San Diego County CA— (CNC) The the San Diego County Medical Examiner’s 2014 Annual Report was released showing motor vehicle-related fatalities increased last year, with a considerable jump seen in the number of pedestrian deaths. The annual report offers an overview of cases the office investigated.
Nearly half of the 19,000 to 21,000 deaths recorded in the County annually are reported to the Medical Examiner. Most of these 9,200 cases are determined after an initial review to be sudden, unexpected natural deaths.
“San Diego County is unique in its geographic diversity. Our area of 4,261 square miles includes 75 miles of coastline and 86 miles of the U.S.-Mexico international border. The county includes
impressively diverse features such as forested mountains, deserts, beaches, bays, wetlands, rivers, lakes, canyons, and mesas. These natural features are, of course, an important part of understanding the variety and range of sudden and unexpected deaths in our community.” the report states.
The data in the report focuses on the 2,972 cases in 2014 that were fully investigated by the Medical Examiner; the largest portion (47 percent, or 1,390 cases) were determined to be accidental deaths. After that, 34 percent, or 1,022 cases, were found to be natural deaths; 14 percent, or 420 cases, were suicides; 3.3 percent, or 99 cases, were homicides; and for 1.4 percent, or 41 cases, the manner of death was undetermined.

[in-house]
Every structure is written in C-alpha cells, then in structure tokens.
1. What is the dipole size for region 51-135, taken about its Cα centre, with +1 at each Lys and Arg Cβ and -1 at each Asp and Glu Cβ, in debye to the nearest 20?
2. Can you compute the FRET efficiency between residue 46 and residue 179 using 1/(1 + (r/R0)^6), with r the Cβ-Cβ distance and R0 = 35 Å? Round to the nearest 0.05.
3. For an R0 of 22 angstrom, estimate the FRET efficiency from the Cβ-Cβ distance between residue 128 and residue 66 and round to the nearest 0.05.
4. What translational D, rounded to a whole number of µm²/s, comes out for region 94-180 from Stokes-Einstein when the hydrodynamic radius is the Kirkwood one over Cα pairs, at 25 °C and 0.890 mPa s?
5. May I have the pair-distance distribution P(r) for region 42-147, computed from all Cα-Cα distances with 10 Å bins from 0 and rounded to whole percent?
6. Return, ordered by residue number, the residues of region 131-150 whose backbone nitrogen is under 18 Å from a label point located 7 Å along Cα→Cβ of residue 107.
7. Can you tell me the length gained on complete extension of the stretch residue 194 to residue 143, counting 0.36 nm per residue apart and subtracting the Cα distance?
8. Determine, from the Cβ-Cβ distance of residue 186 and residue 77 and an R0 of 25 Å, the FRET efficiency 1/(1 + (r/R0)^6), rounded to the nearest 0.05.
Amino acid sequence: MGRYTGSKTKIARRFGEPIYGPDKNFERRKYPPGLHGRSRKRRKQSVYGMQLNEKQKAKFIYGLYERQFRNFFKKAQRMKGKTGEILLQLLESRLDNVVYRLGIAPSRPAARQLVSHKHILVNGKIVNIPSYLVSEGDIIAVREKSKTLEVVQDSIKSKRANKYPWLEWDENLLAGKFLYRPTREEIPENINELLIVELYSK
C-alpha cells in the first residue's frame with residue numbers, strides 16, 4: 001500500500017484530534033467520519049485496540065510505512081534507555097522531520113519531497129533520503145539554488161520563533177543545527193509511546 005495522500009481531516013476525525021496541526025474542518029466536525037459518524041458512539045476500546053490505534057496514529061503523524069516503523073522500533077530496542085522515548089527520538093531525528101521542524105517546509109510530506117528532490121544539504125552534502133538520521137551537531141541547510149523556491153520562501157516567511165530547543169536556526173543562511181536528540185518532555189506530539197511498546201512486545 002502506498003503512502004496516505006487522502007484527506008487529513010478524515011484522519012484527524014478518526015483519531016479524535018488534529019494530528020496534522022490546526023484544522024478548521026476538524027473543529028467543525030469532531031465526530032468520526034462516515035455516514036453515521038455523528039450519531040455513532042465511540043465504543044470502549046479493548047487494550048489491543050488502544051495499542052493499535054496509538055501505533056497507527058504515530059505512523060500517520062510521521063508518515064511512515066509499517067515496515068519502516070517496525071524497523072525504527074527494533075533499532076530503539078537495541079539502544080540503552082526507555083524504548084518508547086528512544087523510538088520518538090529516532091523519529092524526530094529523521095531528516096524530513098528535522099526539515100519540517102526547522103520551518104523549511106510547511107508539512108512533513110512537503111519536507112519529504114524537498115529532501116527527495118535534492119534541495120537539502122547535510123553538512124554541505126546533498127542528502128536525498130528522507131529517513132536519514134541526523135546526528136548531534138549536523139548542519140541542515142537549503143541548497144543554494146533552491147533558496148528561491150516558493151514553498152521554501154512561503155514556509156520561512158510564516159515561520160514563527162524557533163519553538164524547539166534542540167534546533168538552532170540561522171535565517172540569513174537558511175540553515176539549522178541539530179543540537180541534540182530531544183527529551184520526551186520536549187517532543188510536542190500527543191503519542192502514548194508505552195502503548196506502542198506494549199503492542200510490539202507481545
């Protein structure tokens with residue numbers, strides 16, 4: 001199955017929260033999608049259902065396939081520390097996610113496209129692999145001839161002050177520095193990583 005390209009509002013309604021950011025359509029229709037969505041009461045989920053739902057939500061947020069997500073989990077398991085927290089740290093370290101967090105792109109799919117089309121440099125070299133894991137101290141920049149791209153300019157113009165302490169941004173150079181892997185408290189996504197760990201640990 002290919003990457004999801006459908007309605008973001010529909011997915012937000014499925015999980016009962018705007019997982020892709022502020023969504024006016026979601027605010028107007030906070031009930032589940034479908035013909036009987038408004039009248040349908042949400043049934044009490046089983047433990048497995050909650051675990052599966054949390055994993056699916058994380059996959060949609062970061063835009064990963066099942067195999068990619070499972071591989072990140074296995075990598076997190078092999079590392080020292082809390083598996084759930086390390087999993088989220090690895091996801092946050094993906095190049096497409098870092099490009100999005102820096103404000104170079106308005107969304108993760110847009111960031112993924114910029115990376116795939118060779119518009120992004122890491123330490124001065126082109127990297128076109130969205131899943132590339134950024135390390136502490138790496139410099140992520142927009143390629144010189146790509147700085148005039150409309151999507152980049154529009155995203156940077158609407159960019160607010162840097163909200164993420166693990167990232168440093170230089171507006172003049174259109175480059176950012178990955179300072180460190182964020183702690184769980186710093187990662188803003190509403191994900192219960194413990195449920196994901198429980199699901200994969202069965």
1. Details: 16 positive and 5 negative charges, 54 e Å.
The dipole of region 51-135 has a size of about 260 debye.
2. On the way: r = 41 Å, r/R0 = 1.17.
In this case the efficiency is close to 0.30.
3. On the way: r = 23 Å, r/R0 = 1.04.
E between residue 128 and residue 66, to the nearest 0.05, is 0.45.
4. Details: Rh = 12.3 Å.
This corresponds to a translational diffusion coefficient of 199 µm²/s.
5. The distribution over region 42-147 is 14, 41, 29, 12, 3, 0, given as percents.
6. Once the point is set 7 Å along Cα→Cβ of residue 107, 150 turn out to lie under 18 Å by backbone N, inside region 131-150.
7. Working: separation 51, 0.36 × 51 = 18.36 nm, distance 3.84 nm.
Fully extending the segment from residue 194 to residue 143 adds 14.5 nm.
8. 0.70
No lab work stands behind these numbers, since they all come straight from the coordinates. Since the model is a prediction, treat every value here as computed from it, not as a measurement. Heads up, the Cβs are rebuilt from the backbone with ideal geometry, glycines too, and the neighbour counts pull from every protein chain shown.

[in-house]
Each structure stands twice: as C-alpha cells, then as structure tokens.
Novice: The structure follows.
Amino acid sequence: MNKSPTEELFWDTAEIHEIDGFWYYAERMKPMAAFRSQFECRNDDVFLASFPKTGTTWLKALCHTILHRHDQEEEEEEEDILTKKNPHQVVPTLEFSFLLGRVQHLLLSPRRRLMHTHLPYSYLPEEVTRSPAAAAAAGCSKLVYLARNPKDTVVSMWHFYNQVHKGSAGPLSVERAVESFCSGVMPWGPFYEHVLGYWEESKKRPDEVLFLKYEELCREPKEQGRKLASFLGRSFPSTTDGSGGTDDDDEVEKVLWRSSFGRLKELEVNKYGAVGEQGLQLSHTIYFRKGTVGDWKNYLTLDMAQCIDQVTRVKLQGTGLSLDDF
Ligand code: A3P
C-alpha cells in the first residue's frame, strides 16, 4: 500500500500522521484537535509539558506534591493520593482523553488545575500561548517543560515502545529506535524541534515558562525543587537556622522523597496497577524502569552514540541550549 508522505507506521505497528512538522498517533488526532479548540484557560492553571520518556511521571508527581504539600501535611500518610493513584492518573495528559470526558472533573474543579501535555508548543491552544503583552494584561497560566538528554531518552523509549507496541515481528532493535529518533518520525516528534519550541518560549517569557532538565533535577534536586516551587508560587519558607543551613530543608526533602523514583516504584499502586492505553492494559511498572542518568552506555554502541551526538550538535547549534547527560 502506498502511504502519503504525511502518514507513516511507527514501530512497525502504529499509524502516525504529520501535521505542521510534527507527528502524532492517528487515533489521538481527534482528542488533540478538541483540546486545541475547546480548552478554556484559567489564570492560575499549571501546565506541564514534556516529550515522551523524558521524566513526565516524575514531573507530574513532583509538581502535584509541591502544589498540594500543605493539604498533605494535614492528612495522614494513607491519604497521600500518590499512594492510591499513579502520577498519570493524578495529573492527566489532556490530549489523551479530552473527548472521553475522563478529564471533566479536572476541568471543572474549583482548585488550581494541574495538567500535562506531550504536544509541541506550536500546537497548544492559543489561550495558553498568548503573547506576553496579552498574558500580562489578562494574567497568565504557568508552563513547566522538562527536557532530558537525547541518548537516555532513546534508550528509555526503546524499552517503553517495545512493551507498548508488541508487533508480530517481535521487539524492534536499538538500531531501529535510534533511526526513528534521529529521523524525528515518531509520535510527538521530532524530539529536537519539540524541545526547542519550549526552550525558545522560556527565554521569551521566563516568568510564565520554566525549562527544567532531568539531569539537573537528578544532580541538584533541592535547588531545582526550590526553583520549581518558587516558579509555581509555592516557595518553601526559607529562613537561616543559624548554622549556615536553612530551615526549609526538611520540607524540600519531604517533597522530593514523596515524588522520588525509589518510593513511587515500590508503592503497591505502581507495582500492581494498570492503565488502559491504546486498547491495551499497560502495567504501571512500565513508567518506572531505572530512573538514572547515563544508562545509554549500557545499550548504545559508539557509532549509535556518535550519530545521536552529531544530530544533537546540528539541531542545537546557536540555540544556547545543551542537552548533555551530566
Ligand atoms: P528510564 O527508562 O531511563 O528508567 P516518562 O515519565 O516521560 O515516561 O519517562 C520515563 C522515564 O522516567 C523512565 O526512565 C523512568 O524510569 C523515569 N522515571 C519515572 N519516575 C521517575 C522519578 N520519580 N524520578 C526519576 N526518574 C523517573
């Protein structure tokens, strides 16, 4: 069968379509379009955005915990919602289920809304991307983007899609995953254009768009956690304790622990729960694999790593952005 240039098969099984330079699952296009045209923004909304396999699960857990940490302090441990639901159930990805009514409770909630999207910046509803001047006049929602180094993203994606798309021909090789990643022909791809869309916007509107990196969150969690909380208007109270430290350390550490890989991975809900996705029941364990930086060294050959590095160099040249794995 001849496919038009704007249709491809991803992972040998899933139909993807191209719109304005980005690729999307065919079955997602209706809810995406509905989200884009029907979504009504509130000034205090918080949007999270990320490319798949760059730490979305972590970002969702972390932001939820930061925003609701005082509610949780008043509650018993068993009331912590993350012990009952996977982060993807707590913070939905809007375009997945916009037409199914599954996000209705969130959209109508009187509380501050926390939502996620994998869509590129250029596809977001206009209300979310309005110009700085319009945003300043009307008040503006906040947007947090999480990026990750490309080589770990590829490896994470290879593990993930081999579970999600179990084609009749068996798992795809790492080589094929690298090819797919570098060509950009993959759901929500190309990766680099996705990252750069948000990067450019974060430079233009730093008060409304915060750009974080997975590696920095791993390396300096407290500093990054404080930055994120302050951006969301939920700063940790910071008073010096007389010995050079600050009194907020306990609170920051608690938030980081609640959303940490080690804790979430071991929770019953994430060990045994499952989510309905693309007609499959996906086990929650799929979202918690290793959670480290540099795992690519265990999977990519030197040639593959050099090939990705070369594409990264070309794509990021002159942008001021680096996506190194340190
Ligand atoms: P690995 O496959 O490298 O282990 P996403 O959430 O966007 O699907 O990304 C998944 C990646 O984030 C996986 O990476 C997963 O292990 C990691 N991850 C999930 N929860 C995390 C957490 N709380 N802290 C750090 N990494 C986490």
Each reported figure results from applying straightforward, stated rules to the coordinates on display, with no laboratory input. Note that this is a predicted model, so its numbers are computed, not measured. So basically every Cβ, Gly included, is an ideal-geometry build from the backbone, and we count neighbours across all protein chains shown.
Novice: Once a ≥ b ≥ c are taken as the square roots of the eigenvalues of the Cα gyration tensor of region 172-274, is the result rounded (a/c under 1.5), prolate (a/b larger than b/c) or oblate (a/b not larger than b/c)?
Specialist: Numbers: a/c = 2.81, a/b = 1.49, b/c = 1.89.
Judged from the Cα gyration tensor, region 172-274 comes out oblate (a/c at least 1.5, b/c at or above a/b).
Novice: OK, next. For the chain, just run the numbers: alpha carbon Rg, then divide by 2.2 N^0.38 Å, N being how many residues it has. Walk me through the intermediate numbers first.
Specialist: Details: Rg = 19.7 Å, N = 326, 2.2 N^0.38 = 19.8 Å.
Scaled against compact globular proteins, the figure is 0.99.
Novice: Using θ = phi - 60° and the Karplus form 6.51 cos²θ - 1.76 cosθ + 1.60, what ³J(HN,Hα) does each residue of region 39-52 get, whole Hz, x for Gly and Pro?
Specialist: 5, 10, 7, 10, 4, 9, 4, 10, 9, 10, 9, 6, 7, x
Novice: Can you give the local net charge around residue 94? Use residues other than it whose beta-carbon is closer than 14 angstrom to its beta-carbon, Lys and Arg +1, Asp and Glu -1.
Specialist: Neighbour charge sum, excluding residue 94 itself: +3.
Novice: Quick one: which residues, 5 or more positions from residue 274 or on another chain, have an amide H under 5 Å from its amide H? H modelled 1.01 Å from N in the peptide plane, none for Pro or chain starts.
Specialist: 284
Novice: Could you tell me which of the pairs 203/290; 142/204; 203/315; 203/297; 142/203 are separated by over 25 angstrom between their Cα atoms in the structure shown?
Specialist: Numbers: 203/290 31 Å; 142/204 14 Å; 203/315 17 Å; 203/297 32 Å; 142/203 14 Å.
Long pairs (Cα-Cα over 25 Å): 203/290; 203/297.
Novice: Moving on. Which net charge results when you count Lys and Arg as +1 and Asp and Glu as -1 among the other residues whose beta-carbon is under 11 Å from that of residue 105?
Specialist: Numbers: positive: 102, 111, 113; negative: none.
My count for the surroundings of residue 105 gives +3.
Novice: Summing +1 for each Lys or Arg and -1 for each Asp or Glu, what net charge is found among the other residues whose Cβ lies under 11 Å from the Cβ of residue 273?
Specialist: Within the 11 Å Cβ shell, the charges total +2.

Of the accidental deaths, 481 cases involved illicit drugs, medications, or alcohol and 291 were motor vehicle-related cases.
“This sampling is a reflection of the health of the community as a whole. The report becomes a starting point for all types of other discussions, whether it’s issues of health or public safety,” said Chief Deputy Medical Examiner Dr. Jonathan Lucas.
Among the drug deaths, methamphetamine was the number one cause of drug-related fatalities with 169 deaths, even after dropping from the previous year’s 190 deaths. Alcohol followed with the next highest number of cases–133 deaths—while heroin was the cause in 105 deaths. Heroin-related fatalities have increased over the past nine years and more than doubled since 2007. The ME’s department reports seeing 71 Oxycodone-related deaths, up from 49 cases in 2013.
Motor vehicle-related fatalities accounted for 291 cases in 2014, up from 247 the previous year, an increase of nearly 18 percent. Accidental pedestrian deaths made up 88 of those cases. The total does not include two pedestrian deaths ruled homicides and three suicide pedestrian deaths. Those 88 cases are up from 64 deaths the previous year.
Additional motor vehicle-related victims included 70 motor vehicle drivers, 57 motorcyclists, 34 motor vehicle passengers, 10 bicyclists and eight motor vehicle occupants.
Lucas said that almost half of the accidental pedestrian deaths who were tested were under the influence of alcohol and/or illicit drugs – most commonly methamphetamine or THC. Many of those killed were people running across freeways while it was dark outside, Lucas added.
Suicides, while still higher than national or statewide rates, were down slightly in numbers this year with 420 deaths, compared to 441 deaths in 2013. As in previous years in San Diego County, the Medical Examiner’s department found the highest rates of suicide among men older than 85 years old.
The County urges anyone who is struggling with depression or is concerned about a loved one to seek out free mental health and substance abuse counseling. Call the County’s Behavioral Health Access and Crisis Line at (888) 724-7240. Suicide prevention and awareness information is also available at up2sd.org.